Italian Antitrust Agency Fines Google for Favoring Google Maps Over Competing Apps

The Italian Competition Authority (AGCM) has fined Google LLC, its parent company Alphabet Inc., and Google Italy S.r.l. approximately $123 million for abuse of a dominant market position, according to its press release. The fine was levied against the tech giant on Thursday for restricting access to an Enel X Italia app that offers electric vehicle (EV) recharge services in Android Auto, an altered version of Google’s mobile operating system (OS) designed for in-car use, according to a TechCrunch article by Natasha Lomas.

The AGCM explained that through the Android OS and the Google Play app store, Google controls app developers’ access to Italian end users, 75% of whom use the operating system country-wide. Reportedly, “Google did not allow Enel X Italia to develop a version of its JuicePass app compatible with Android Auto, a specific Android feature that allows apps to be used while the user is driving in compliance with safety, as well as distraction reduction, requirements.”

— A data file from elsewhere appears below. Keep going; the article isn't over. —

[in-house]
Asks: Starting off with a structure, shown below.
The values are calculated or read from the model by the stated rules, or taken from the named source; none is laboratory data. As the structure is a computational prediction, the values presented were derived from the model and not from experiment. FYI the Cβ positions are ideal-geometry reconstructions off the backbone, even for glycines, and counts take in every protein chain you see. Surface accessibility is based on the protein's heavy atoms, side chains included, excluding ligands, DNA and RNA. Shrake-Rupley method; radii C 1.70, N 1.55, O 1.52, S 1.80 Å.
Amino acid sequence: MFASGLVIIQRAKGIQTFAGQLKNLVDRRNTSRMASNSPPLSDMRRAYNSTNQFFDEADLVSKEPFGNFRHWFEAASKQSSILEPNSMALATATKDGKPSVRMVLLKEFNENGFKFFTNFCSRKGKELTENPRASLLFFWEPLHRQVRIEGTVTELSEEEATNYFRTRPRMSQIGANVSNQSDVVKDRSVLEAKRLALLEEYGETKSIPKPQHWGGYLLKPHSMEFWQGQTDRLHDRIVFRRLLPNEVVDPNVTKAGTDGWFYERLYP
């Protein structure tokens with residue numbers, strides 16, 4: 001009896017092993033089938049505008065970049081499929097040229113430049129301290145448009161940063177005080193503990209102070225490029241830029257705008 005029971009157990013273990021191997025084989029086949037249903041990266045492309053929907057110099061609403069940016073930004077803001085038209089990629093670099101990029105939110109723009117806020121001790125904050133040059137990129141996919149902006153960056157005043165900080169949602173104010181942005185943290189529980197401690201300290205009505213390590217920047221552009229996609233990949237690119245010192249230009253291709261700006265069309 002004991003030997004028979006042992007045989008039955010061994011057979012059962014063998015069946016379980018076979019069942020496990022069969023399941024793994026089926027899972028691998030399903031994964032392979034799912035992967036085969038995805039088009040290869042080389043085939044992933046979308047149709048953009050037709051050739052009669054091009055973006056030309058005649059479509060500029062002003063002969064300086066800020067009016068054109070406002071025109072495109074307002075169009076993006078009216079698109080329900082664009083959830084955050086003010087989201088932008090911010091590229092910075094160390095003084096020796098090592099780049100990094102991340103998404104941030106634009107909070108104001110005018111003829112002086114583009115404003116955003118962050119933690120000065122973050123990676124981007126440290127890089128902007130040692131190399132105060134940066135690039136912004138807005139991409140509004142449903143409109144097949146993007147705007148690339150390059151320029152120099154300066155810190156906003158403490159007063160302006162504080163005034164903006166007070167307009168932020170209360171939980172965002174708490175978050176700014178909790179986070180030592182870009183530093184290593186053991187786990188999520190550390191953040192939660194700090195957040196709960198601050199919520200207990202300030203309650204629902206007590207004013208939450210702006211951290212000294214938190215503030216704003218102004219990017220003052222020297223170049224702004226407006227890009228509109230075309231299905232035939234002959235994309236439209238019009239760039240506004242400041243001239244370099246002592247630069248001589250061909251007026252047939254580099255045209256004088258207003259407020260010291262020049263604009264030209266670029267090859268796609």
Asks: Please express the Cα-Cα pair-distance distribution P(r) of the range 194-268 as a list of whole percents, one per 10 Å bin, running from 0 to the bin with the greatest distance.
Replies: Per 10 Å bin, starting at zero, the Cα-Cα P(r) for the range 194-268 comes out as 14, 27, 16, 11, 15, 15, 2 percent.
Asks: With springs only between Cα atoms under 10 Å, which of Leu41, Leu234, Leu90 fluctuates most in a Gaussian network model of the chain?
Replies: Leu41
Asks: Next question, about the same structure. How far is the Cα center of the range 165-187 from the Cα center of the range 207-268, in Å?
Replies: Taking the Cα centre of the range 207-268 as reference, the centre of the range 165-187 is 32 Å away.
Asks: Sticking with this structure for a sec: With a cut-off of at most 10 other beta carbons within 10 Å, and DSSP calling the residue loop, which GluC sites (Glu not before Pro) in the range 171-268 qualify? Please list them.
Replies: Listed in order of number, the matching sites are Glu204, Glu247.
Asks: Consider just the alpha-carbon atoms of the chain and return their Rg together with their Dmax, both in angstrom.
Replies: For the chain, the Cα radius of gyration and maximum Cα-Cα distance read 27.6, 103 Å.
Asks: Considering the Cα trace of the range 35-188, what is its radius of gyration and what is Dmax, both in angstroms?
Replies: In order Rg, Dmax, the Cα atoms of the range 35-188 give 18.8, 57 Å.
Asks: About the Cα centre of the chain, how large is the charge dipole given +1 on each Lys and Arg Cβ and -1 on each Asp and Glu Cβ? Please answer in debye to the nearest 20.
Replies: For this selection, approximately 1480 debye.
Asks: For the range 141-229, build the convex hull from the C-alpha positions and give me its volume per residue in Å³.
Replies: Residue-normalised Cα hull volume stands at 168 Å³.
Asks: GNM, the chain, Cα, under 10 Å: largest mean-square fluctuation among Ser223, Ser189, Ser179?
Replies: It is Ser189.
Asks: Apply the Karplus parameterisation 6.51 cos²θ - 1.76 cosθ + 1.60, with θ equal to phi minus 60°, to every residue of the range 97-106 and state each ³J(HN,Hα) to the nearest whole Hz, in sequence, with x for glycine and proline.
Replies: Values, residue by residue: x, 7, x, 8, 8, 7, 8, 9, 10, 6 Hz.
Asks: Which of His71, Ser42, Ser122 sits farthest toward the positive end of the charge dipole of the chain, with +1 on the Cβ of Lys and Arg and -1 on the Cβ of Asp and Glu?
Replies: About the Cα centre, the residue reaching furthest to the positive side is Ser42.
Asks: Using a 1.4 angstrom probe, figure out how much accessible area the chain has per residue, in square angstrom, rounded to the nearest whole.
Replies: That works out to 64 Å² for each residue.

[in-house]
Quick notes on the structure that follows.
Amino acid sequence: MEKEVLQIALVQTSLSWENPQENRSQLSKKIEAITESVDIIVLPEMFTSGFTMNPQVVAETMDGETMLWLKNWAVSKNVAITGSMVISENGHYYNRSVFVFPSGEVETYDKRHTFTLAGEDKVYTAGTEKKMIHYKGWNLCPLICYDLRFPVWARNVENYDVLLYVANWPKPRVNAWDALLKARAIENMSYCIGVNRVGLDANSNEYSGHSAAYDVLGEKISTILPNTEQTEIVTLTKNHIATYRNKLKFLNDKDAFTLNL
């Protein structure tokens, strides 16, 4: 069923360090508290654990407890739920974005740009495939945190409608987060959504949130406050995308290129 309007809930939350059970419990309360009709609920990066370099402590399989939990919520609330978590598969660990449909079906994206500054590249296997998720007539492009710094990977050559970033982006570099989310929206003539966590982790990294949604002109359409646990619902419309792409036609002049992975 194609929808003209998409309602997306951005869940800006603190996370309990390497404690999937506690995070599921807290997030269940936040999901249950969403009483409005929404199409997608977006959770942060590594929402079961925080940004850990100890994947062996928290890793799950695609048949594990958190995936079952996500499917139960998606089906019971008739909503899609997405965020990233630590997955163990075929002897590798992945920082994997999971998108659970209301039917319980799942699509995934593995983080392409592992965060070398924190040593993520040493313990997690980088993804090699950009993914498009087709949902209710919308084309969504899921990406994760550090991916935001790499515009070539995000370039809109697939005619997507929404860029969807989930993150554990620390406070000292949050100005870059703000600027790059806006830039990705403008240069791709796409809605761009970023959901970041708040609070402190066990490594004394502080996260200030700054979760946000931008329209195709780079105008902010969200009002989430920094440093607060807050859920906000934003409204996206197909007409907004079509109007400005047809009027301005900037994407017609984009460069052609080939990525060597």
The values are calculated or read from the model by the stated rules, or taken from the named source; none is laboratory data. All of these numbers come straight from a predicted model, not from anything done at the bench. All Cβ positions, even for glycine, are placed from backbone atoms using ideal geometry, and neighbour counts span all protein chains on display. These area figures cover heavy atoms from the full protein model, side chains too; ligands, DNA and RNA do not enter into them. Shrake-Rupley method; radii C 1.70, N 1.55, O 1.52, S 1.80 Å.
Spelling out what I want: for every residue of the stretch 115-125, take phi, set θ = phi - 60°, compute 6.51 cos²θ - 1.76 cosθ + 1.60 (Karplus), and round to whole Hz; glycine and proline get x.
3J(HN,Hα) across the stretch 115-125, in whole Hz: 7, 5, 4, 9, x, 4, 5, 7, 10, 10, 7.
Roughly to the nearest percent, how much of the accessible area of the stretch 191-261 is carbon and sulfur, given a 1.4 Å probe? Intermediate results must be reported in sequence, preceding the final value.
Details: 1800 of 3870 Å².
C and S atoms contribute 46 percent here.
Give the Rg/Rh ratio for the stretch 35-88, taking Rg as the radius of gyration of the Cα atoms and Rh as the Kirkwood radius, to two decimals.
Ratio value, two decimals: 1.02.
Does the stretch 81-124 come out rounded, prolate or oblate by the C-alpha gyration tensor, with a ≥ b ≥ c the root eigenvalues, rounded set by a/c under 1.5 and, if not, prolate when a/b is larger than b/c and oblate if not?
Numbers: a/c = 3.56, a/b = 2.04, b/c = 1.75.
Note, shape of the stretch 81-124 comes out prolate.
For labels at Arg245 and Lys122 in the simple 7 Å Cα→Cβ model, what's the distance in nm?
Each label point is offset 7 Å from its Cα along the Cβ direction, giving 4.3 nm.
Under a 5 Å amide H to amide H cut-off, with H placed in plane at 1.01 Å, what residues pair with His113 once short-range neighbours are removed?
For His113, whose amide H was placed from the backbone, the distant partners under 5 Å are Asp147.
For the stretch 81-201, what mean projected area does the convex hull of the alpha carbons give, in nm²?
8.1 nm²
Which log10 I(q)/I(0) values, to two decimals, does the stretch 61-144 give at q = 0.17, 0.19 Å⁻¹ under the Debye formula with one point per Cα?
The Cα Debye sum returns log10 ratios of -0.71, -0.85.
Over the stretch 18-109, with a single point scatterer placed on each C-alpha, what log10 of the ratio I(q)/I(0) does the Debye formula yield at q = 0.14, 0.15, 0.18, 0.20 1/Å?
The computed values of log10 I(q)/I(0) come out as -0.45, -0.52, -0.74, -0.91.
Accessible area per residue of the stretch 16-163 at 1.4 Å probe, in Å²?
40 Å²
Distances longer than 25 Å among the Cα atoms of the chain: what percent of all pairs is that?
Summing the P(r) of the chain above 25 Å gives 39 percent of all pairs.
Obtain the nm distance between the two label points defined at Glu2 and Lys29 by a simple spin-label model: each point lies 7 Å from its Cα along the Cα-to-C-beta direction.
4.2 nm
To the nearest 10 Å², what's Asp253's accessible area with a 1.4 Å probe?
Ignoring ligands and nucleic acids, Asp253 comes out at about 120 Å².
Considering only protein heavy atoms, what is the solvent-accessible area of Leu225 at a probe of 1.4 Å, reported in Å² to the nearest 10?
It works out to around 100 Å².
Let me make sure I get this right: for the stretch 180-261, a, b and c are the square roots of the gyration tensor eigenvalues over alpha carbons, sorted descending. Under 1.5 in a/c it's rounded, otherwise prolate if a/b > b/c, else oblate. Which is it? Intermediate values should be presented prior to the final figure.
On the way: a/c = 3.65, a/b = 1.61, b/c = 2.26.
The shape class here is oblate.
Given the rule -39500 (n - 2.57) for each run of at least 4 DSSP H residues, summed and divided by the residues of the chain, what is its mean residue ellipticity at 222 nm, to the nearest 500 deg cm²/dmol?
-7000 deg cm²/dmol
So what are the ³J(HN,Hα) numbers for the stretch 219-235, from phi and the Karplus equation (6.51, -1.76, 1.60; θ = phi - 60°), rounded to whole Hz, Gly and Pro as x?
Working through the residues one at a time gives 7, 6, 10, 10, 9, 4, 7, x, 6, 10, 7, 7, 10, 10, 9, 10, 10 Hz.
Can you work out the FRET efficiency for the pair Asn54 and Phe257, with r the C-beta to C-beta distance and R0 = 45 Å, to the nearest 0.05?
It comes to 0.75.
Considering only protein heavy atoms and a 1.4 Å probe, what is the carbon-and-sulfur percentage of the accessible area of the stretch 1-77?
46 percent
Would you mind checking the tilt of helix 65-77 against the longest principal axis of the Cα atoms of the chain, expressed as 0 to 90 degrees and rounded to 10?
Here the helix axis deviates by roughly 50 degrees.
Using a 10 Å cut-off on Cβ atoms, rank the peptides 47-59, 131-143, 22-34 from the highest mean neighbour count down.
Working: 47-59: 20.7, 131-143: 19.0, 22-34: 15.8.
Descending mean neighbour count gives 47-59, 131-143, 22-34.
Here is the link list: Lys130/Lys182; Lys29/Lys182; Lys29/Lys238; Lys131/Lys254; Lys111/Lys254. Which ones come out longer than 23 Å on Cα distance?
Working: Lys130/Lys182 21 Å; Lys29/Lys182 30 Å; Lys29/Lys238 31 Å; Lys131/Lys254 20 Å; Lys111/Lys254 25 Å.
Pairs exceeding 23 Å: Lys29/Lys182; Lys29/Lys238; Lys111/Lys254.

By refusing Enel X Italia interoperability with Android Auto, Google unfairly limited users’ choice, the AGCM states. On top of that, Google allegedly favored its own Google Maps app, which also allows users to locate and navigate to EV charge points, though it lacks features like EV charging reservations and payment that JuicePass has.

Android Auto has reportedly excluded the competing app for more than two years. If it were to continue, the AGCM wrote, it “could permanently jeopardise Enel X Italia’s chances of building a solid user base at a time of significant growth in sales of electric vehicles.” Other downsides include lessening consumer choice, limiting technological progress, and influencing EVs and their supporting infrastructure during a critical launch phase.

The press release said that in addition to the monetary penalty, Google must make the tools for programming interoperable apps available to Enel X Italia and other developers, and appoint an external expert to monitor the efficacy of the implementations.

According to TechCrunch, Google denied wrongdoing and disagrees with the AGCM’s order, though it is unclear whether it will appeal. Instead, Google claimed restrictions placed on Android Auto apps are to ensure driver safety. The company also said that “it has been opening up the platform to more apps over time — with ‘thousands’ now compatible,” though it did not comment on why JuicePass was not among those approved apps.